The Newfoundland Pony Society has taken a firm stand against this move in order to uphold its mandate of protecting and preserving the pony in its established form under Provincial Legislation.  The Newfoundland Pony Society, in existence since 1979 maintains that the Newfoundland pony, following 400 years of evolution, is a unique breed and as a designated heritage animal, should remain under provincial protection.

The Newfoundland Pony Society is calling on the Provincial Government to halt to any further steps in this process. The NPS is also asking the public to voice their concerns to Natural Resources Minister, Derrick Dalley at

“It is important that Newfoundlanders and Labradorians are aware that the survival of the Newfoundland Pony as a protected, heritage animal is once again at stake,” said Jack Harris, Member of Parliament and Newfoundland Pony Society Board Member. “The Newfoundland Government must allow the people of this province and international breeders who love the pony as it is, to have input on the irreversible direction in which they are taking the pony,” Harris added.

“I am one of many pony owners who oppose giving our registry to a Federal agency. As Newfoundlanders, our pony is one of the few things we have left that is distinctly our own. We have the only equine in the world that is capable of changing colours 4 times a year; they are called ‘radical colour changers,’” said St. John’s pony owner, Helen Goyer. “If this change goes ahead, with so much mixing of breeds, our perfect pony as it has been for 400 years, will be forever lost,” Goyer added.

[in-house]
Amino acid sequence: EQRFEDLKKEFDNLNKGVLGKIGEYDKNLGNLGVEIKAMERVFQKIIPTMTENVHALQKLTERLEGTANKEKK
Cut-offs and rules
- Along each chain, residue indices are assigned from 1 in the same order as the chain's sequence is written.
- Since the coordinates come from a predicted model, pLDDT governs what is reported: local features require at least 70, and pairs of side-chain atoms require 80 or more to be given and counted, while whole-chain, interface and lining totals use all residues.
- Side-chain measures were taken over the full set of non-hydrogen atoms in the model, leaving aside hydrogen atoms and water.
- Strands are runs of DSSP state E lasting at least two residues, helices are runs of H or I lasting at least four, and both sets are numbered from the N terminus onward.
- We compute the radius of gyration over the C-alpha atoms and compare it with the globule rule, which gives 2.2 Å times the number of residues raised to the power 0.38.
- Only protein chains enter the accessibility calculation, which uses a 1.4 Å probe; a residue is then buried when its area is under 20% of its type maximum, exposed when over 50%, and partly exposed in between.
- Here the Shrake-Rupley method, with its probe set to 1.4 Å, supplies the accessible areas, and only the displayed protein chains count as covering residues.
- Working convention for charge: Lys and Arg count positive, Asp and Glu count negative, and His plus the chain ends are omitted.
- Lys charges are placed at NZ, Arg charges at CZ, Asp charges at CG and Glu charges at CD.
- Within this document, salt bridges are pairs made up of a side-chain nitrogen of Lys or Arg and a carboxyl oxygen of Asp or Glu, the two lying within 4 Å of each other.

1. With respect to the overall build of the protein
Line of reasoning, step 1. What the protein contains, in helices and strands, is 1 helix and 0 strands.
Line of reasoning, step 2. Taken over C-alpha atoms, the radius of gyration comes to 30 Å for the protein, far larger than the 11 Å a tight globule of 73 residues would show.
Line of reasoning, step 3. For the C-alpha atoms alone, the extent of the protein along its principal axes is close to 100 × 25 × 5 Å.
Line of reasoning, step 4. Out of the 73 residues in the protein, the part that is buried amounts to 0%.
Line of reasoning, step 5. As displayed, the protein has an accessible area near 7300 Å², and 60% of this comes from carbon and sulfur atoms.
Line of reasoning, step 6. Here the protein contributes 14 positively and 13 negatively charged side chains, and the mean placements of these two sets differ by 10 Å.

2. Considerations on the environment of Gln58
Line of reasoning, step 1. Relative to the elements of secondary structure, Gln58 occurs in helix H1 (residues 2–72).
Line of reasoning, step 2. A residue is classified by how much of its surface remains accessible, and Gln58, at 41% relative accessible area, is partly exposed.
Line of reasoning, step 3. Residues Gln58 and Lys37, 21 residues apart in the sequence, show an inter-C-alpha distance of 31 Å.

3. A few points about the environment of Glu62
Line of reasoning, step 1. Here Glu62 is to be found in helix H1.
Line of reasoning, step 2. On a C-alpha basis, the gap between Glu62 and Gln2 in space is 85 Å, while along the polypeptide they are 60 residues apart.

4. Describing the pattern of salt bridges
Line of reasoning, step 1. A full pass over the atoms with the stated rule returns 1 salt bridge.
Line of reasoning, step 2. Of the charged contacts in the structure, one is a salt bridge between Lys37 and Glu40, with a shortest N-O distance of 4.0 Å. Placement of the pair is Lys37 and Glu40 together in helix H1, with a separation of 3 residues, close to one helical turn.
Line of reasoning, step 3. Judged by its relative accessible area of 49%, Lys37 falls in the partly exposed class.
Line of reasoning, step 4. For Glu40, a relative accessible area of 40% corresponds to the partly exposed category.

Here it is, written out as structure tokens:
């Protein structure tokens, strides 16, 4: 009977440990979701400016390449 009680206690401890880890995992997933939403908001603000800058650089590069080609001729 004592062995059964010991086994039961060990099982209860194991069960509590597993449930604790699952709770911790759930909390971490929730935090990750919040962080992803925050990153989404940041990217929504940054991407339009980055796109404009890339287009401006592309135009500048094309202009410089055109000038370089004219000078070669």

About the Newfoundland Pony Society

The Newfoundland Pony Society was founded in 1979 and was incorporated in 1981 as a Registered Charity (#899 123 053 RRO 001). In 1994, a resolution was brought to the floor of the House of Assembly by then MHA Jack Harris that laid the groundwork for the protection of the Newfoundland Pony and the creation of the Heritage Animals Act. The Newfoundland Pony Society is designated as the organization responsible for the preservation and protection of this animal. For more information, visit

Images of Newfoundland Ponies:

Images of the Newfoundland Pony are available for download at the links below.

Information Resources:

Frequently Asked Questions

Why the Animal Pedigree Act Threatens the Survival of the Newfoundland Pony

What is a Newfoundland Pony?

The Newfoundland pony is a distinct breed formed by its natural environment.

The ancestors of the Newfoundland Pony arrived with Newfoundland’s early settlers from the British Isles. Their ancestors were primarily Exmoor, Dartmoor and New Forest ponies and to a lesser extent, Welsh Mountain, Galloway (extinct), Highland and Connemara ponies. They were hardy creatures who were already well adapted to the harsh climate of the islands of the North Atlantic. Isolated from the rest of the world, the ponies intermingled for 400 years, breeding in the seclusion of Newfoundland’s bays and coves to produce a sturdy pony uniquely our own.

Why is the Newfoundland Pony breed so special?

Most of the breeds we know today are modern breeds.  This means that they are genetically manipulated by humans. The Newfoundland pony is amazing because it has not (yet) been altered, or “improved” as it’s called.  Even despite it being critically endangered because of the thousands that were shipped out of Newfoundland to the meat plants, it is so genetically diverse and healthy that it can thrive once again without introducing new blood to its gene pool – and without crossbreeding it.